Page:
nytheatre.com review by Martin Denton
May 20, 2006
To be or not to be
That is the question
In fact, for theatregoers who can choose from half a dozen or more Hamlets every season, the question is: Why this one? Theater By The Blind's answer may surprise you: see their Hamlet—a well-acted marvel of economy and energy, directed by Ike Schambelan—because it's fun. Performed by six passionate, versatile, and committed actors, this production makes the so-familiar work seem brand new. Schambelan focuses on the story-telling in this very exciting, incident-filled play, and his breathless (but never rushed!) staging keeps us entertained and riveted from Francisco and Bernardo's first moments on guard duty until the famous, tragic, bloody end. (If you need a synopsis of the plot, there's a good detailed one at Shakespeare Online.)
In a fascinating program note, Schambelan tells us that the original Hamlet was probably performed by about six or seven players, doubling and tripling in the many roles. He gives us a Hamlet with a cast of six, with everybody including the one covering the title role serving double duty and more; he's broken down the characters into six archetypes, along the following lines: a Guardian figure (Marcellus, Polonius, Gravedigger, Osric); a King/Father figure (Claudius, the Ghost, the Player King); a Queen/Mother figure (Gertrude, Reynaldo, the Player Queen, the Second Gravedigger); a Lover figure (Horatio, Ophelia, Rosencrantz); a Friend figure (Laertes, Bernardo, Guildenstern, the Player); and the Prince himself, who also serves as Francisco and the Sailor.
What this does is (a) make the play move swiftly and tautly, with the myriad quick changes and potential overlaps challenging the artists delightfully in a kind of game/test of skill that's wondrously original and amusing; and (b) allow each of the players to deliver the kind of tour de force performance that's generally reserved only for the one portraying Hamlet. These six rise to the occasion magnificently. Melanie Boland is a splendid Gertrude, at once loving and duplicitous to her son, and she's also dead-on as the Second Gravedigger and the snivelly snitch Reynaldo. George Ashiotis, Theater By The Blind's stalwart co-artistic director, gives us a kingly Ghost and a much more ordinary Claudius, providing interesting contrast between the two. John Little has fun employing different accents, mannerisms, and eyeglasses as each of his characters, including a Polonius who is the perfect bureaucratic windbag and an Osric who is as unctuous and annoying as possible in just a tiny amount of stage time.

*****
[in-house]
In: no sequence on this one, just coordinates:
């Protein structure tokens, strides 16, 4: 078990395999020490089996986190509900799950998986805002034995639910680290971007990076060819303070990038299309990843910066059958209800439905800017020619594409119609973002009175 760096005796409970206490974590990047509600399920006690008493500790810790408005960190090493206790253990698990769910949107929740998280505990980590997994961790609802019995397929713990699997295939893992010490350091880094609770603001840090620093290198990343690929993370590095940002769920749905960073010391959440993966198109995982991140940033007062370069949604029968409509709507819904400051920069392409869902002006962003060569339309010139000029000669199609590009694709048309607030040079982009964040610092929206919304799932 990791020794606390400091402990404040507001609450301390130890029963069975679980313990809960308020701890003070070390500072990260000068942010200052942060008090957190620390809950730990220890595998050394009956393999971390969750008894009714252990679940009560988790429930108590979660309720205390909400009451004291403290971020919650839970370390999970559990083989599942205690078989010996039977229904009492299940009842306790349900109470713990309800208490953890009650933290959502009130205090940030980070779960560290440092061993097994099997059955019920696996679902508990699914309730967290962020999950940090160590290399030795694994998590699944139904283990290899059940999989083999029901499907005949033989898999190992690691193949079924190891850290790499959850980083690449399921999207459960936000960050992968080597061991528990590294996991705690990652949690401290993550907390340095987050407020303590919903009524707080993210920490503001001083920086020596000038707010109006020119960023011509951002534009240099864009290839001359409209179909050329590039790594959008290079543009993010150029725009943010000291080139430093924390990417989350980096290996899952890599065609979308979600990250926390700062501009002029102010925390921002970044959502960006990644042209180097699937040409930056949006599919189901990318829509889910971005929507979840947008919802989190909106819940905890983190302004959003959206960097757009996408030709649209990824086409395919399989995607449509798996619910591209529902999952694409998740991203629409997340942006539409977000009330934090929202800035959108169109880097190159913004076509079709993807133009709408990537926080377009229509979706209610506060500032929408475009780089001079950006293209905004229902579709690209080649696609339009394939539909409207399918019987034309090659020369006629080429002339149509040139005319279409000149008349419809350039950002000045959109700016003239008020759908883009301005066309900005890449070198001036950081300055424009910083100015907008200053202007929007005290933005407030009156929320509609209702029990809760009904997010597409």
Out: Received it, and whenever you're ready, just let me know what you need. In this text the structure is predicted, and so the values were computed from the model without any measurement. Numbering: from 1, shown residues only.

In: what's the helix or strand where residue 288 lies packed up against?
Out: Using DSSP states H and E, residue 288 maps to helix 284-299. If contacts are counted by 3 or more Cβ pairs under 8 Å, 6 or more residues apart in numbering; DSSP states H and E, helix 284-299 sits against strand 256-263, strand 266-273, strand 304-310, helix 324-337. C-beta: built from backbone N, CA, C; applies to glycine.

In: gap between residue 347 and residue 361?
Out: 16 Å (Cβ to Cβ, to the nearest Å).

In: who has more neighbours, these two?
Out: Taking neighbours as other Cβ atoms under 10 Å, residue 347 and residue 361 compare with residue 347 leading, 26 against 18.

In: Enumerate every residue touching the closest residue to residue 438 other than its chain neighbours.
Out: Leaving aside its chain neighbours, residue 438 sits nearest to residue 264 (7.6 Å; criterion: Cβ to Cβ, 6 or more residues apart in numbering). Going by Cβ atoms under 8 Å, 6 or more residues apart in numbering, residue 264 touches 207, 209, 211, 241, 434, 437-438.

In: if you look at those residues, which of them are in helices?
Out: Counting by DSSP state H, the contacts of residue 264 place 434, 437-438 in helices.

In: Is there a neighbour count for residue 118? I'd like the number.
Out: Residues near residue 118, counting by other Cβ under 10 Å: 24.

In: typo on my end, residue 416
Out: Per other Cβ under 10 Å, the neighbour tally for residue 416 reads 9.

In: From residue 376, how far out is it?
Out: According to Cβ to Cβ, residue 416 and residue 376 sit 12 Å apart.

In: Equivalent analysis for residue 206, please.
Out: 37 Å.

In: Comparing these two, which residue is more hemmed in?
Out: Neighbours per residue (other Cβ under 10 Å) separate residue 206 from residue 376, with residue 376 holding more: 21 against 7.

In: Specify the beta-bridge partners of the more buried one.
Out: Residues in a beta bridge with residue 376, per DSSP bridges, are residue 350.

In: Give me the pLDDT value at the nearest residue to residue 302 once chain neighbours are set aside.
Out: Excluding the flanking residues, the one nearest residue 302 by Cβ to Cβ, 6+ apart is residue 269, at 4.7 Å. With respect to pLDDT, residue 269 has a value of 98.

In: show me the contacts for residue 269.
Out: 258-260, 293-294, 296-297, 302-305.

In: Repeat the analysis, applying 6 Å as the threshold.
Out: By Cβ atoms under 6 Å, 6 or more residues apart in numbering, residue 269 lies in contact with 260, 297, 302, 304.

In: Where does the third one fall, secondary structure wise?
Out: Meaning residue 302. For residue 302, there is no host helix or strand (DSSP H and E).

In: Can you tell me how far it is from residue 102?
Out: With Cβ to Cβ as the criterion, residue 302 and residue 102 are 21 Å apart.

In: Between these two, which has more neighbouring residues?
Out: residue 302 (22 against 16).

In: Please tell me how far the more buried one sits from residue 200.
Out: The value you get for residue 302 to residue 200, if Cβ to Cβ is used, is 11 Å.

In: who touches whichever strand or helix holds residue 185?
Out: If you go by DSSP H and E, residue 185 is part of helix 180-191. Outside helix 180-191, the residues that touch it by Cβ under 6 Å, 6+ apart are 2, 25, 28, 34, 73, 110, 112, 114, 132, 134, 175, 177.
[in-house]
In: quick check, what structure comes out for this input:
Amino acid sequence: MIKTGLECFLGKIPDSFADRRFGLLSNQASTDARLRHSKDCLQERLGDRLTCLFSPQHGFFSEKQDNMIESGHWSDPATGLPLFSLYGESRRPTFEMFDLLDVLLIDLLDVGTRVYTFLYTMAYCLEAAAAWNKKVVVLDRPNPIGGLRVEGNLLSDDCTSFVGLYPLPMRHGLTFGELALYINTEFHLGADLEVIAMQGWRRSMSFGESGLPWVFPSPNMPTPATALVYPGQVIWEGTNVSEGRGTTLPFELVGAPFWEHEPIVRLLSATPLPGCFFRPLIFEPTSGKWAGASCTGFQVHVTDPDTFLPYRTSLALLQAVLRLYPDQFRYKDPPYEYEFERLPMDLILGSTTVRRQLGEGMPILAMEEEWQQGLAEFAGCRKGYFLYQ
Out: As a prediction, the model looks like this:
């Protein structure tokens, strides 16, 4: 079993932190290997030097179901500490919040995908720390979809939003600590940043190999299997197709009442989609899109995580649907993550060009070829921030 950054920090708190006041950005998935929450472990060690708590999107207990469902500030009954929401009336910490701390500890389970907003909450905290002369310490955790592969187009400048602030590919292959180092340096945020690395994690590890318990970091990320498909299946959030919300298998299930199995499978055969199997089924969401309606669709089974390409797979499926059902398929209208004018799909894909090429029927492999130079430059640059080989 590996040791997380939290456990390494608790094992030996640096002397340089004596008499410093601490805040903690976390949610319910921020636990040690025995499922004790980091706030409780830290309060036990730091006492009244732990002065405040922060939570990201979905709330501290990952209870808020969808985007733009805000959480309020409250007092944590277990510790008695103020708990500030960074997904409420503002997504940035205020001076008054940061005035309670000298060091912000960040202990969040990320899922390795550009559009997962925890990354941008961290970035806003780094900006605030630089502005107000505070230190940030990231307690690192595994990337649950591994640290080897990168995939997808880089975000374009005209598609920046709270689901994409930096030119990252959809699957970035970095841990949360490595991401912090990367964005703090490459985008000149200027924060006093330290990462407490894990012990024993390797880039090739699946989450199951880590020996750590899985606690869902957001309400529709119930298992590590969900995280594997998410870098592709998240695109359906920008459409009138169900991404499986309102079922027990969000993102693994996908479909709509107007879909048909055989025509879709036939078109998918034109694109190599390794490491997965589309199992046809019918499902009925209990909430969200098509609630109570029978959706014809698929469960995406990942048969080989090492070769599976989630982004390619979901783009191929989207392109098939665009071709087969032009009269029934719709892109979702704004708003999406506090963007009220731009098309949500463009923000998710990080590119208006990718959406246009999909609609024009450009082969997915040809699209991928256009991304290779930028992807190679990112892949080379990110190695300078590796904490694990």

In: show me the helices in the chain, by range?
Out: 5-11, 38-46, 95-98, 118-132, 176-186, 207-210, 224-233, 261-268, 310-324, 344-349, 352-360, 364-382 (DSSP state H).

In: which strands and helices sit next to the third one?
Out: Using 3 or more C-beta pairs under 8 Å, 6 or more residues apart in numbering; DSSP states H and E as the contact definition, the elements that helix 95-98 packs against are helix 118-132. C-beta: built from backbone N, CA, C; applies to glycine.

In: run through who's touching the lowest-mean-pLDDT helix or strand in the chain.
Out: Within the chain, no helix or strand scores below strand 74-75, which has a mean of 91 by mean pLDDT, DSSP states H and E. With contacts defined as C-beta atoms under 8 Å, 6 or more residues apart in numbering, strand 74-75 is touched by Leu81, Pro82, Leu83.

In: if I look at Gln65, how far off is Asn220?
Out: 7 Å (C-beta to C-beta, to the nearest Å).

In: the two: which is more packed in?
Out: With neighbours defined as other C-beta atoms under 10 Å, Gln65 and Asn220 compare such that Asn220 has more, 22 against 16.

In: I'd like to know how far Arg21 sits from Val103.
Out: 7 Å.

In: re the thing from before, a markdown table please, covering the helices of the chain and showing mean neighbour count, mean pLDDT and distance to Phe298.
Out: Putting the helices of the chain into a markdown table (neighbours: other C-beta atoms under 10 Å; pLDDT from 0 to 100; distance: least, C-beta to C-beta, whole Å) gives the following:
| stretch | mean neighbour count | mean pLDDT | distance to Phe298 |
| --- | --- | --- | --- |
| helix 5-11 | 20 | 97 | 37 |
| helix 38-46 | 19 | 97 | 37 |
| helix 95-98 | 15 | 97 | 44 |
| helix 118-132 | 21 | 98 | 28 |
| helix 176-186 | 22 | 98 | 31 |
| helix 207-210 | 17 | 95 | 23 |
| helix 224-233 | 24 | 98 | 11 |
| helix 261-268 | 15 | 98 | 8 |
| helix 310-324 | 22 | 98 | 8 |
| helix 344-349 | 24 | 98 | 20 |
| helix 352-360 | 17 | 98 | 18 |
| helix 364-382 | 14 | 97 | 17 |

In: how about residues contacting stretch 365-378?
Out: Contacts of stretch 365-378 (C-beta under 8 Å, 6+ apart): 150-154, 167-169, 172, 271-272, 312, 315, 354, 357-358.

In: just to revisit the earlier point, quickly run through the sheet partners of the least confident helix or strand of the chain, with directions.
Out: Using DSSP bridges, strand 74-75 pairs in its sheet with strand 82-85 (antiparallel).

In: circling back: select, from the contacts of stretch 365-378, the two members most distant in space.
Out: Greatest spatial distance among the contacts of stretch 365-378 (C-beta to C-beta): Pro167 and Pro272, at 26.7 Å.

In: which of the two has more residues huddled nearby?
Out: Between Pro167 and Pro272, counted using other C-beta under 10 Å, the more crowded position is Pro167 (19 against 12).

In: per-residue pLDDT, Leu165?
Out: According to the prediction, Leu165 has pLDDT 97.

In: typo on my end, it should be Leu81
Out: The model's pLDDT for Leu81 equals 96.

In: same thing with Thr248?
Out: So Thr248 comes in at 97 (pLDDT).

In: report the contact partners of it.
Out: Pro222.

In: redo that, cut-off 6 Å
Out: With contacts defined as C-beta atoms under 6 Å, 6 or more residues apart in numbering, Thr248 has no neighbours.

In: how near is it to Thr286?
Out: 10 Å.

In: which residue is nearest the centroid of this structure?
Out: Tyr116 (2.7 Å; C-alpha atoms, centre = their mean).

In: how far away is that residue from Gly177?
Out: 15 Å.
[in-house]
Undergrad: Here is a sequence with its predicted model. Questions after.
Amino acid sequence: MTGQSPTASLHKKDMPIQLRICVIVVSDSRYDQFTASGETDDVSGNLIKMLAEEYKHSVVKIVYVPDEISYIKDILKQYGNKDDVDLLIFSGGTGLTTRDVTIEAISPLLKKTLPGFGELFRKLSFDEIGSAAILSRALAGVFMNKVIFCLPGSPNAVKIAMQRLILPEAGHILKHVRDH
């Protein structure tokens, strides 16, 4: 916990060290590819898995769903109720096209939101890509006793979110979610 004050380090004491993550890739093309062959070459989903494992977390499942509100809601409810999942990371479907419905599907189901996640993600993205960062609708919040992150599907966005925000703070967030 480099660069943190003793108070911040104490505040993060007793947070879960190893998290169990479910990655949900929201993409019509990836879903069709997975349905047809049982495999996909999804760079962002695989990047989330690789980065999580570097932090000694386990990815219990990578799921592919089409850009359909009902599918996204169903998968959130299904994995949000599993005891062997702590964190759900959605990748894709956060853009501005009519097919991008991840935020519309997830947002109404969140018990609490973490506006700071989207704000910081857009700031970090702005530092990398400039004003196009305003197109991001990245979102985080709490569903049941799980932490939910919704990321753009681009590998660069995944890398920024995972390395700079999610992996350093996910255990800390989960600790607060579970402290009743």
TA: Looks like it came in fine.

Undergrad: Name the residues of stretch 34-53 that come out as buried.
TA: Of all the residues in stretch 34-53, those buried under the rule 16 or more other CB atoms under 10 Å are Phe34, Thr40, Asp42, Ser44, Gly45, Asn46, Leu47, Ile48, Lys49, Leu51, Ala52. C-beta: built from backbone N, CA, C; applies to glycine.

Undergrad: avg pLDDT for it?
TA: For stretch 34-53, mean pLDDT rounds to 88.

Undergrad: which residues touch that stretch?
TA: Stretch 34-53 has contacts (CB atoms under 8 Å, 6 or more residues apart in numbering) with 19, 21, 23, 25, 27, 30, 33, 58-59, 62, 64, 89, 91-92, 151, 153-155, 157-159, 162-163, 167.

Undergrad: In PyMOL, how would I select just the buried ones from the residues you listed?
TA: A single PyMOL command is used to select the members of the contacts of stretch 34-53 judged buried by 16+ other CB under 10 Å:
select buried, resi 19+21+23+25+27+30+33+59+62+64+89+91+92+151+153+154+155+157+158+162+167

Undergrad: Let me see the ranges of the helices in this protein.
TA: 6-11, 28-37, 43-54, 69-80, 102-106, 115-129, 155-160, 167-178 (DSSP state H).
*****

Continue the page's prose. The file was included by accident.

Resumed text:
The younger trio of actors are just as accomplished. Pamela Sabaugh is probably the most convincing Ophelia I've ever seen; she makes her what Shakespeare seems to have written—a genuinely innocent, genuinely confused young woman; her scenes in the final acts as she moves toward her tragic destiny are authentically poignant and not in the least overplayed. Yet Sabaugh also creates two entirely different roles here, an earnest and dogged if not-too-swift Horatio, and, most memorably, a Keanu Reeves-like Rosencrantz who emerges, with Nick Cordileone's Guildenstern, as possesed of genuine personality and purpose (as opposed to the usual colorless in-jokes that these two are so often portrayed as in post-Stoppard productions). Here, R & G act like doofuses at times—they wander into the climactic playing of "The Murder of Gonzago" holding bowls of M&Ms and popcorn—but they also achieve real menace as the true nature of their visit to Hamlet is revealed. Cordileone is also excellent as Laertes, a carefree young guy who suddenly finds himself confronting a series of tragedies that make him grow up overnight.
At the center of it all is Nicholas Viselli as the Prince, in a performance that's surprisingly clear-eyed, straightforward and enormously appealing. Viselli's Hamlet begins angry and in pain, all the more so for not really understanding why. The appearance of his father's ghost sets him on a course of self-examination that culminates in the play's famous soliloquy, a speech that Viselli really claims as his own by emphasizing that Hamlet really is about to make a choice between life or death. "That is THE question," he slowly intones, and we understand that we're about to witness a fundamental and transforming decision. Viselli's Hamlet bursts into vivid focus once he's made up his mind, and the rest of the play's scenes breeze by as a result. It's a terrific and daring portrayal that enlivens a role that's so very familiar.
Schambelan's contemporizing touches, often humorous, also serve to make the piece fresh and accessible. The costumes (designed by Christine Field) are of the present-day, with the guards in flak jackets, Guildenstern in a baseball cap and bright green windbreaker, and Hamlet—shrewdly—in a T-shirt and pajama bottoms for the "What a rogue and peasant slave" and "To be or not to be" scenes. Merope Vachlioti's unit set provides compact multi-purpose playing areas that never need to be touched (except to clear the stage for the big fight scene); this helps ensure that the pace never slackens for a second.
It all makes for as involving and engaging production as I think it's possible to have of a play that at least this particular theatregoer has seen and studied so many times since high school that nearly every beat of it is second nature. It's not easy to make Hamlet look new and exciting, and so Theater By The Blind deserves our congratulations and our gratitude. If by some chance you've never seen this classic, here's a splendid opportunity; and if you have, then I think you'll find much here to delight and excite you that you may not have noticed before.